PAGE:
Among a lot of “gamers”, there are many incorrect assumptions about how game development works. Every year, we see this play out in Twitter rants and on Steam forums. Just fix that bug, just add this feature, how hard can it be? Despite journalistic pieces on the developmental history of games like Mass Effect: Andromeda and The Bureau: X-Com Declassified detailing the challenges and managerial mistakes that resulted in a poor release, game development still seems like magic.

The Magic Circle tries to pierce the veil and give some insights into some of the worst aspects and challenges of software development. However, without any related experience, I am not sure the game is able to educate a player. The conversations between the developers are too humorous, losing any lesson they may contain. It doesn’t help that the characters are caricatures. We have the auteur who will give anything and everything to create a masterpiece. He is haunted by the success of his first game and doesn’t have the confidence in his follow up, which of course needs to be a bigger succes. Then we have the pro gamer who has been intimidated and manipulated to work on the game, but which wants to see it fail due to being forced to work on it. Finally, we have the super fan who wants to help the auteur complete their work but secretly wants ownership of it.

There are metaphors here for sure, but its never clear what the essential message is supposed to be, except games are hard, which isn’t really enough. After breaking the game, the auteur goes on a long rant about the impossibility of pleasing the fans, the super fan takes control of the game and opens it up to the modding community, which promptly takes the whole game apart because there is no direction. Is the answer somewhere in between?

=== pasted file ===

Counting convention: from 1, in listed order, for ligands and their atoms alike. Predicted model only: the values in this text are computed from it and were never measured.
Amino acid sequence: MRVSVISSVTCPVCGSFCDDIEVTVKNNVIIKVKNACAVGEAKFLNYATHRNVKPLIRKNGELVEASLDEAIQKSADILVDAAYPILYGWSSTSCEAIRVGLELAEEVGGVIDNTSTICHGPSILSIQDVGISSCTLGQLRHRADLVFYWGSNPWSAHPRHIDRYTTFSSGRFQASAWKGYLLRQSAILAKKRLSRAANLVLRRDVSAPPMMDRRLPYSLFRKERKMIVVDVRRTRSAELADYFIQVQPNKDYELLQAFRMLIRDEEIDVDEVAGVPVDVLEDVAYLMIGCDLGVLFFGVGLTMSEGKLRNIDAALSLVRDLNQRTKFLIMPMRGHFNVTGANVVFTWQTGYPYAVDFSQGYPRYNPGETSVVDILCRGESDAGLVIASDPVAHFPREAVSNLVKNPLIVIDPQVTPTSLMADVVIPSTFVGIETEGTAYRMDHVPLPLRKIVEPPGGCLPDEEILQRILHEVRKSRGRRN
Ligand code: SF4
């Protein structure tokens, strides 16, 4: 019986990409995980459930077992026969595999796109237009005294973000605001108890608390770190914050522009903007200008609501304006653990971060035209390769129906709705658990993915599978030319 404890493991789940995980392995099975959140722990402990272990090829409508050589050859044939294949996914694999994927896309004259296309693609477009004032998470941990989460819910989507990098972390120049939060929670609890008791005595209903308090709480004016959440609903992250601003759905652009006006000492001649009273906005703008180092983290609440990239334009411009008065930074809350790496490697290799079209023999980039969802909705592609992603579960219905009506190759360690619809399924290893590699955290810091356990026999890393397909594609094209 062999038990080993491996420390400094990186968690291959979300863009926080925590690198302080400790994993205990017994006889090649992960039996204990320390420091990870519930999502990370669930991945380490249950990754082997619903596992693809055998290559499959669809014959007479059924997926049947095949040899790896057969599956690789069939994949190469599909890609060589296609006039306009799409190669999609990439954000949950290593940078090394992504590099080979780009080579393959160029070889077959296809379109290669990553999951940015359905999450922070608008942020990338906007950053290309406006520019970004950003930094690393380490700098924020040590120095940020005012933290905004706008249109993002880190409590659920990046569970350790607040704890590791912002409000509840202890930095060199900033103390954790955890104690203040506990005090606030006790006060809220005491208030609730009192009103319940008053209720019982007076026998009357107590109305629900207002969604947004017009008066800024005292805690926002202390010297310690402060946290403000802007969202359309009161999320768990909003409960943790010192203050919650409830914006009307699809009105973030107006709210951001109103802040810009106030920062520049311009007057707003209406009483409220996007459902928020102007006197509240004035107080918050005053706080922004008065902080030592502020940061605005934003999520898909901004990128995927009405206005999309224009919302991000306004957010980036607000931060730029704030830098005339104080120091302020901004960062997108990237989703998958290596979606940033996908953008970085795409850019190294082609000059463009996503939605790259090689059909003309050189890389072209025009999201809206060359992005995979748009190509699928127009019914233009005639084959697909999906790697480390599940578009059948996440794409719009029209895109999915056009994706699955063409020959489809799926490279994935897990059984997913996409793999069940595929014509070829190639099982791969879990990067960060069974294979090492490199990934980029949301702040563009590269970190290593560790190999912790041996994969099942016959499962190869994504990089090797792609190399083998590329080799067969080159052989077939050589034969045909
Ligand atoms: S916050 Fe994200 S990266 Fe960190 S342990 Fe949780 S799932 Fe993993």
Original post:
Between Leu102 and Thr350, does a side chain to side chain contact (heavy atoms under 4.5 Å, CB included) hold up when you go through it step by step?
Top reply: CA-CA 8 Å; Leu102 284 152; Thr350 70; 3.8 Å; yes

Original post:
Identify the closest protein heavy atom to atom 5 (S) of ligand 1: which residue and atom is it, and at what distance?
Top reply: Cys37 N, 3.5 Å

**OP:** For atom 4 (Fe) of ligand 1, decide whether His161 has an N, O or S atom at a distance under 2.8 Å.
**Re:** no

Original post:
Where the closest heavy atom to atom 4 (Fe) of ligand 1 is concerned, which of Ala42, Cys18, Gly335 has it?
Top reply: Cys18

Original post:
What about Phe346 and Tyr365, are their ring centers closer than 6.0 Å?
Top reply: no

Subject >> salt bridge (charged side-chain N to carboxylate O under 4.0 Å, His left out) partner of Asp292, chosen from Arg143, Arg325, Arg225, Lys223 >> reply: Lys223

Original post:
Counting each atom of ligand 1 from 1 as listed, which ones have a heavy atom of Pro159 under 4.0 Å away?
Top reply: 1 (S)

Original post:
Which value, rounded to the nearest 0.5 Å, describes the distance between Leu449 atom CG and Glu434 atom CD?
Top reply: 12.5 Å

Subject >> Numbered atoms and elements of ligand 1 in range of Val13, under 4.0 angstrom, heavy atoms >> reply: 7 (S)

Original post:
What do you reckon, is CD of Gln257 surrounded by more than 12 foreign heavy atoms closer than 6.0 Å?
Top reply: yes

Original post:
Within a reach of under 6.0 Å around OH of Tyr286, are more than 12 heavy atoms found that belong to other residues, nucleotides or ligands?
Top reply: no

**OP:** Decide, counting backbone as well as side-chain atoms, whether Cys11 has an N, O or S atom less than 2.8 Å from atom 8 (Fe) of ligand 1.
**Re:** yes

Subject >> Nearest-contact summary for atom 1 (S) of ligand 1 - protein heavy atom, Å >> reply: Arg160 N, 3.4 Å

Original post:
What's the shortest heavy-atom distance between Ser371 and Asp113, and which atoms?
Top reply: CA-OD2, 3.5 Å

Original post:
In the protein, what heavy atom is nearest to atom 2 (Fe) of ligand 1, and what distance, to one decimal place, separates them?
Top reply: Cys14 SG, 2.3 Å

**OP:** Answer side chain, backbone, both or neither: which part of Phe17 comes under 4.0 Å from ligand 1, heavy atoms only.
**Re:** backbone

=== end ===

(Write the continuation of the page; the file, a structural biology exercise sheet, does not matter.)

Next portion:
Presenting these two extremes as methods of game creation, and having both of them ending in disaster, doesn’t tell us much about what good game development looks like. Is the ownership of the game in the auteur, who has no single vision and is crumbling under the pressure to create a masterpiece? No. Without a definite vision, a game (or any project) can’t be completed and be successful. This doesn’t mean the vision needs to come from one singular source, but some decisions need to be made and stuck to. Does the game belong to the players and modders? No, they will rip the game apart and use the bits and bobs for their own end, lacking a similar direction and structure for their work.

Does this play out in real life? Sometimes, but there are examples of games under a single auteur vision that gain critical acclaim and economic success. On the other side, there are plenty of games that have also received critical acclaim and economic success as a result of dedicated modding efforts.

This is my biggest gripe of the game. While its amusing to see the bickering and jabs at game development, fans, crowdfunding, and other areas of game development, the entire arc of the game is completely negative. I couldn’t decide if the game was being sarcastic or pessimistic. Any lessons of how games are made will most likely be lost to those who may need them the most.

Despite of this, the first part of the game is clever, entertaining, and allows the player great freedom in expressing themselves through the game’s mechanics.